Detroit Diesel V8 engine

From Wikipedia, the free encyclopedia
Jump to: navigation, search
Detroit Diesel/General Motors V8 Diesel
Detroitdiesel62.JPG
Overview
Manufacturer Detroit Diesel division of GM
Production 1982-1993 and 1992-current
Combustion chamber
Displacement 6.2L/379cid and 6.5L/395cid
Cylinder bore 6.2L: 3.98 in (101 mm); 6.5L: 4.06 in (103 mm)
Piston stroke 6.2L: 3.80 in (97 mm); 6.5L: 3.82 in (97 mm)
Cylinder block alloy Iron
Cylinder head alloy Iron
Valvetrain 16 OHV
Compression ratio 21.5:1, Marine 18:1
Combustion
Turbocharger Borg-Warner GM-X series, also available naturally aspirated
Fuel system 1993 And older-Mechanical rotary pump. 1994 And newer-Electronic rotary pump
Fuel type Diesel
Chronology
Predecessor LF9 350 cu in (5.7 L) diesel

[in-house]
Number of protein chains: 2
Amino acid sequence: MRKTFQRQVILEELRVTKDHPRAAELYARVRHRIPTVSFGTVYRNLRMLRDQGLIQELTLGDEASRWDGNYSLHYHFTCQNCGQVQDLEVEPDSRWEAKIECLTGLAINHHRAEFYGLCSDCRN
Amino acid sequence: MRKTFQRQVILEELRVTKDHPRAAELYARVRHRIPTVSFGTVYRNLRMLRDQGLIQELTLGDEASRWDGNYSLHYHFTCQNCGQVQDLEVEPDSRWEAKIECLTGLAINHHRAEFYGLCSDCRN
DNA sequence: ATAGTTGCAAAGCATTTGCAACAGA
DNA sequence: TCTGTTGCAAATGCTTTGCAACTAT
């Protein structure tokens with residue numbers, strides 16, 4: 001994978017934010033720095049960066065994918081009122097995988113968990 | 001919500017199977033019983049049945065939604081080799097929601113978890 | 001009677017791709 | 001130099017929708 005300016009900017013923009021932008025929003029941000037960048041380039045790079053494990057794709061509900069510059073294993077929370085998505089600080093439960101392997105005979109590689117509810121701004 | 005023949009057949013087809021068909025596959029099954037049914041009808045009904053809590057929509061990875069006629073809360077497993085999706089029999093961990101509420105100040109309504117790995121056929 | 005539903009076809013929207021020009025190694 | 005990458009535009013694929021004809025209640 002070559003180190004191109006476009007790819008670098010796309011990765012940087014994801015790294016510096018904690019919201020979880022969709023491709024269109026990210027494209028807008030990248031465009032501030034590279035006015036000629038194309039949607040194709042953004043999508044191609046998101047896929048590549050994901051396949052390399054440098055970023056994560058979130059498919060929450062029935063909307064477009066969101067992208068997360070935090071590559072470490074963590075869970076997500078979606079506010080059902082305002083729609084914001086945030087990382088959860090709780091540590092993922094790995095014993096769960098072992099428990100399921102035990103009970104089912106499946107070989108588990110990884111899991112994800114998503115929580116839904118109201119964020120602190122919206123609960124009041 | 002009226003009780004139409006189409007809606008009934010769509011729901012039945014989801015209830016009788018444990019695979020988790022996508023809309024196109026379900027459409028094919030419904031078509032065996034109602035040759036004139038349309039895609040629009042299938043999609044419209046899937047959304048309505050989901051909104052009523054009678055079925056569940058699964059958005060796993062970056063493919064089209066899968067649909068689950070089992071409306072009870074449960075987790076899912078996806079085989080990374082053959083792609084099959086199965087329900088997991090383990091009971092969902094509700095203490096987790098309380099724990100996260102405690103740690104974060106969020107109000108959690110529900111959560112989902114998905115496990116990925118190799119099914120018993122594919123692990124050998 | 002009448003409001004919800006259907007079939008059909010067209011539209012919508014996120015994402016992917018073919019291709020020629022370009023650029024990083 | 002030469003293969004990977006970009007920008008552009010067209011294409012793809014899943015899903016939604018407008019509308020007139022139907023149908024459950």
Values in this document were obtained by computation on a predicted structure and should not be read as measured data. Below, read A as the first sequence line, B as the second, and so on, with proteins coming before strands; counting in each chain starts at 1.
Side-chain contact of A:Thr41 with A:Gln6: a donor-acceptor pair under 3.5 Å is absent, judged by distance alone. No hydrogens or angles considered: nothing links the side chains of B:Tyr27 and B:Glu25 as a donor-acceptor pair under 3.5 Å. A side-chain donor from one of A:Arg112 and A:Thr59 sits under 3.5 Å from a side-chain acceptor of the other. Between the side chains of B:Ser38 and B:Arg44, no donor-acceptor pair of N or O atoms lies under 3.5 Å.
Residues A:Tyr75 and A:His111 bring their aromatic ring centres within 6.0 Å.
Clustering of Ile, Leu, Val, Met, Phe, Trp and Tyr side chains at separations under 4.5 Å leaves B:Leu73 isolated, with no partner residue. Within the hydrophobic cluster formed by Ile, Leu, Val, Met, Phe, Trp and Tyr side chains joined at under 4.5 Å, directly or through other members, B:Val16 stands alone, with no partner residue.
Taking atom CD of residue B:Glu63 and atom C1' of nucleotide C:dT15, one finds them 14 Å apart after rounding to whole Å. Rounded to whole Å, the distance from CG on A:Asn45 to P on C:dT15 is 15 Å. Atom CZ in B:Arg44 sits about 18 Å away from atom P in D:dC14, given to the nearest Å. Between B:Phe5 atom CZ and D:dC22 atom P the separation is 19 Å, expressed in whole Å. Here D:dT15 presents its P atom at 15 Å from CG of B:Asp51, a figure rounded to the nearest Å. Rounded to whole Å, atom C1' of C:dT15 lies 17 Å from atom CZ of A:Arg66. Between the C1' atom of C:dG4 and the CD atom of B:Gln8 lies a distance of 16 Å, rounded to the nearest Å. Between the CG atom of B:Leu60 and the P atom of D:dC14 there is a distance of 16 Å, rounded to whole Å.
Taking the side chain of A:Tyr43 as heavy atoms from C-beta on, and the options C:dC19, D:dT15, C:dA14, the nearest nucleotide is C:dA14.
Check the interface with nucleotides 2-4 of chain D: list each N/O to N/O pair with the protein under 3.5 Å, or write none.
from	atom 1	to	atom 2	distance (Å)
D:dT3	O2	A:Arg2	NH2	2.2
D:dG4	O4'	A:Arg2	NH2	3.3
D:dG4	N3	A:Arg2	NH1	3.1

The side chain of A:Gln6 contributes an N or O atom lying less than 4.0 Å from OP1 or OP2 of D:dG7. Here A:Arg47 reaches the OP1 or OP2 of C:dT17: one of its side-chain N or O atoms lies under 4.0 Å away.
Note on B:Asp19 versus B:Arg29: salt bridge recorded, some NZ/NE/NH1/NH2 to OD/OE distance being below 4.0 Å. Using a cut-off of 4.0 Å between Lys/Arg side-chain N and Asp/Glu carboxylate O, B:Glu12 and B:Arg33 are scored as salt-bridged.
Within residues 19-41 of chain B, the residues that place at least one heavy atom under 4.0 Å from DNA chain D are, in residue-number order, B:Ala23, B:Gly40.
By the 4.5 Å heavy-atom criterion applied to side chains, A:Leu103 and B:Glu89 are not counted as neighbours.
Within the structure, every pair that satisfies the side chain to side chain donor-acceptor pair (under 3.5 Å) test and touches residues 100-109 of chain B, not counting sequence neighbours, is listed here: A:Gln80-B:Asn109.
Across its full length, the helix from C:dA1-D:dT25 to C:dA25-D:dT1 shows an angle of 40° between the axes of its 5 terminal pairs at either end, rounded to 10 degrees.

Successor Duramax V8 engine

Problems playing this file? See media help.

General Motors introduced a line of Diesel V8 engine engines for their C/K pickup trucks in 1982. This engine family, designed by GM division Detroit Diesel, was produced by GM through 2000, when it was replaced by the new Duramax line. AM General's subsidiary General Engine Products (GEP) still produces a military variant of this engine for the HMMWV.[1]

The General Motors light-truck 6.2 and 6.5 L Diesel engines were optional in all 1982 through 2000 full-size GM pickups, SUVs, and vans: Chevrolet C/K pickup trucks, Chevrolet Suburban, Chevrolet K5 Blazer and its replacement Chevrolet Tahoe, full-size Chevrolet Van and its successor Chevrolet Express, as well as motor homes. The engine was standard on AM General HMMWV, Hummer H1 and the 1980s GM Commercial Utility Cargo Vehicle vehicles.

6.2L[edit]